Some of the responses to to a recent post as well as some extra reading has me back at the keyboard again to share something thoughts about this rapidly changing situation in Indiana. I want to focus on one issue in particular: the demand by social conservatives to push for tolerance . So here goes.
Let me be clear: I am arguing for civility and love of enemy here, but I am not blind to the fact that social conservatives have never been accomodating to gay and lesbians. If you read blog posts, like the this one from Rod Dreher, you would think that they had never done anything wrong. They were just sitting around minding their own business when WHAM! those bad pro-ssm folks came and started taking away their rights. As Jacob Levy notes, the general public is having a hard time hearing the social conservative’s tiny violins right now:
…as I’ve said before, the newfound desire for opponents of same-sex marriage to defend pluralism and compromise rings very hollow.
The anti-same-sex-marriage movement during its ascendancy in the 1990s and 2000s was viciously and hatefully maximalist. Imagine the different history of America if conservatives in the late 1990s had energetically supported civil unions provided that they not use the word “marriage,” instead of pursuing the most aggressive and restrictionist DOMAs they could get away with in each context, such that where conservative majorities were strongest even ordinary contractual rights that might seem too much like marriage were prohibited, instead of mobilizing boycotts of firms that offered same-sex couples employment benefits! As it is, their defense of private sector liberty and the pluralism it makes possible is many days late and many dollars short. It kicked in only when, starting in the mid-2000s, the political tide turned.
That shouldn’t change our view of the right outcome; some particular cake baker shouldn’t lose his religious liberty because the movement that’s defending him now makes hypocritical arguments. But it does mean that the violin I hear playing when conservatives complain about the supposedly totalizing and compromise-rejecting agenda of same-sex-marriage supporters is very very small indeed.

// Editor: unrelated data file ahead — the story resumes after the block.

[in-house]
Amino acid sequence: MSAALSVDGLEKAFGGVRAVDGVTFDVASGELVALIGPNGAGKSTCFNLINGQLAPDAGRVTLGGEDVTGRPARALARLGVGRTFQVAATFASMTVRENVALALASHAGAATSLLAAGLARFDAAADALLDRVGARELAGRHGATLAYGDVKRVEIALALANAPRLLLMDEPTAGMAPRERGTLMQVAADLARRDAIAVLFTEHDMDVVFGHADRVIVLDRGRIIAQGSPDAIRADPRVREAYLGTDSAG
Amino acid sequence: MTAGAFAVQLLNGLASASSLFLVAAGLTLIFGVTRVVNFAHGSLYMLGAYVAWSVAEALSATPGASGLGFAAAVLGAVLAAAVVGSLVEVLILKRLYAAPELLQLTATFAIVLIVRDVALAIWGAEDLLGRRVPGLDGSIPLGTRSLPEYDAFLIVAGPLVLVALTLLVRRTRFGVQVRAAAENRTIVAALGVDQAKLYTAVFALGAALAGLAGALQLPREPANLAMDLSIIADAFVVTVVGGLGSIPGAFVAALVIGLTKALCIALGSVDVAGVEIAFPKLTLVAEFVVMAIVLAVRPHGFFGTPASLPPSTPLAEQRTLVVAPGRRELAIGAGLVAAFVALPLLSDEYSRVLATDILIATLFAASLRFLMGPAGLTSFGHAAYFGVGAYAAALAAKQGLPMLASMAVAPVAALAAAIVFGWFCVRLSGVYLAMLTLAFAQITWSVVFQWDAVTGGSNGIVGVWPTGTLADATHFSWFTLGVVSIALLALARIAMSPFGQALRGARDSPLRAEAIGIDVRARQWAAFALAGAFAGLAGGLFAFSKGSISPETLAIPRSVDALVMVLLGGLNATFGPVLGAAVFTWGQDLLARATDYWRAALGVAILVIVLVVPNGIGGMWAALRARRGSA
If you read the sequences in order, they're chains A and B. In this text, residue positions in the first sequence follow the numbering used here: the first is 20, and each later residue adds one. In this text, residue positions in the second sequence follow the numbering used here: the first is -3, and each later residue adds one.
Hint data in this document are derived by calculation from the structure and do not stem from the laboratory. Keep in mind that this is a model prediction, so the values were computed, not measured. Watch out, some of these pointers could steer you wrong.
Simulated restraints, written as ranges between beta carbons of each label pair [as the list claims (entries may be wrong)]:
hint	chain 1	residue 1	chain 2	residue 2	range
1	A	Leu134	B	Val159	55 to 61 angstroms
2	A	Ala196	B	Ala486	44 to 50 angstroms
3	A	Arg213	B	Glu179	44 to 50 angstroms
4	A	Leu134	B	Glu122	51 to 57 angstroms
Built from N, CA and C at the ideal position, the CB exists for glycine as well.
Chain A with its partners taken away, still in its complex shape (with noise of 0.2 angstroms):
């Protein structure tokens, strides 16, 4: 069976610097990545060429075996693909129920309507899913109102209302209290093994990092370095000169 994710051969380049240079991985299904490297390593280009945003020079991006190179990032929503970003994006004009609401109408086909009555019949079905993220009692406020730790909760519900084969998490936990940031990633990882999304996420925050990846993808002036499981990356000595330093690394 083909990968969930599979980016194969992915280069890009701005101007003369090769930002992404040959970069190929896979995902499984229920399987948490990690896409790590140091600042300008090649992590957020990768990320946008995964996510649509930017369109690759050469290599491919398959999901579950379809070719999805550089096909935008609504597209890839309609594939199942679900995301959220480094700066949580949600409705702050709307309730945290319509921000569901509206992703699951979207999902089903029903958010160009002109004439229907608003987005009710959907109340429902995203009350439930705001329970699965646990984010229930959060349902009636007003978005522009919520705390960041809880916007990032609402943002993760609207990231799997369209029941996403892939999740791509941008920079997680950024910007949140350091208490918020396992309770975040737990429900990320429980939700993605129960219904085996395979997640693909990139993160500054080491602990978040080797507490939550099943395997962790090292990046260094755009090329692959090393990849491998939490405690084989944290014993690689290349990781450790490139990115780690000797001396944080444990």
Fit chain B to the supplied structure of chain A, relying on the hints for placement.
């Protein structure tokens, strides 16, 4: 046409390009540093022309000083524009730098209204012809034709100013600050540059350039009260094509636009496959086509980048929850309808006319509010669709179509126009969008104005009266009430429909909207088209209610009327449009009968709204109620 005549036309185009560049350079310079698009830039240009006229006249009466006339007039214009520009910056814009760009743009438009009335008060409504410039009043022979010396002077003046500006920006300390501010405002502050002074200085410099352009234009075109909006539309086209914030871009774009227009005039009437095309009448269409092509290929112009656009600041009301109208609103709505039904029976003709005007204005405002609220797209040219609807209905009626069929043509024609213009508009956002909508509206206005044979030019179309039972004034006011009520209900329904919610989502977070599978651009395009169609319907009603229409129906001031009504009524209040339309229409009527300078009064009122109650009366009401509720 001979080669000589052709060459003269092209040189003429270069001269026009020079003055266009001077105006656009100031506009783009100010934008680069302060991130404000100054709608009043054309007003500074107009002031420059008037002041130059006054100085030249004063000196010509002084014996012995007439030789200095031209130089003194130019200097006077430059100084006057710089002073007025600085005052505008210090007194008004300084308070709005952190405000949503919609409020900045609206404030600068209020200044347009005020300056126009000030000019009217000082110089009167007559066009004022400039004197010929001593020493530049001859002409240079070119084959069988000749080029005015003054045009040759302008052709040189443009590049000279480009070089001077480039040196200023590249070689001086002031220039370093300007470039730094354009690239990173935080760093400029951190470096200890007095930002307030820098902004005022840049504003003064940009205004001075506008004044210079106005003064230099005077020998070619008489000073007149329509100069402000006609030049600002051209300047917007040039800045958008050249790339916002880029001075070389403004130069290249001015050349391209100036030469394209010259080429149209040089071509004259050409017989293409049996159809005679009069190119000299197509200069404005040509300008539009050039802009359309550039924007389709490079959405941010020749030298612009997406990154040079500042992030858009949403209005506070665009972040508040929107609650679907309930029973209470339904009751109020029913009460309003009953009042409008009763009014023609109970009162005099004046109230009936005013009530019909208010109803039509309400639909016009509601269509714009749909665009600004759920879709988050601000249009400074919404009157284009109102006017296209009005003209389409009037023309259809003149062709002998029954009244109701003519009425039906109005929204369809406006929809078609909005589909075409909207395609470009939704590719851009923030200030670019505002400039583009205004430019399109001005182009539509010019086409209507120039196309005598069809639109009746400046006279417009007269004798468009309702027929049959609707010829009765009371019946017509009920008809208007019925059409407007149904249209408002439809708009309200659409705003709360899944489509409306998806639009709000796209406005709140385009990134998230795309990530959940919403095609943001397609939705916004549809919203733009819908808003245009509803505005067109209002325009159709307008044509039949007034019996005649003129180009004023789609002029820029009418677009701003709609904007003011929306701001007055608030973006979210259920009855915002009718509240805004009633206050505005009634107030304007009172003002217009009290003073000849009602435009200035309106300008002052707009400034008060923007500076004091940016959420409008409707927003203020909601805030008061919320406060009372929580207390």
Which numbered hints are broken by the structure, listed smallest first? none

So, I’m not ignoring that fact and it needs to be said outloud to our social conservative sisters and brothers. In my case, my desire for civility is not because they deserve it, but because I don’t want to act like they have to people like myself.
Beyond the social right claiming victimhood, there are some issues that really do need to be addressed. Ross Douthat shared recently a post where there might be some need for some clarification of what is okay and is an extention of someone’s faith and what is out of bounds. Douthat’s lists includes the following:
- “Should religious colleges whose rules or honor codes or covenants explicitly ask students and/or teachers to refrain from sex outside of heterosexual wedlock eventually lose their accreditation unless they change the policy to accommodate gay relationships? At the very least, should they lose their tax-exempt status, as Bob Jones University did over its ban on interracial dating?”
- “In the longer term, is there a place for anyone associated with the traditional Judeo-Christian-Islamic view of sexuality in our society’s elite level institutions? Was Mozilla correct in its handling of the Brendan Eich case? Is California correct to forbid its judges from participating in the Boy Scouts? What are the implications for other institutions? To return to the academic example: Should Princeton find a way to strip Robert George of his tenure over his public stances and activities? Would a public university be justified in denying tenure to a Orthodox Jewish religious studies professor who had stated support for Orthodox Judaism’s views on marriage?”
This goes beyond the “baker-florist-photographer” issue. At this point, we don’t know where that line is. This means a lot of discussion to hammer out a new agreement.
This leads to a final thought: Why did the Legislature and Governor decide to craft legislation without gay and lesbian voices? Did they really think such a law would stand when we all know it was passed because of the changes in opinion? The federal RFRA was passed with bipartisan votes, but the reason it did is because it wasn’t aimed at a certain population.
There are legit issues concerning religious liberty. They need to be discussed. But such discussions need to have everyone at the table. If gays and lesbians are excluded from this, well we will know that social conservatives still see us more as part of the problem and less of the solution.
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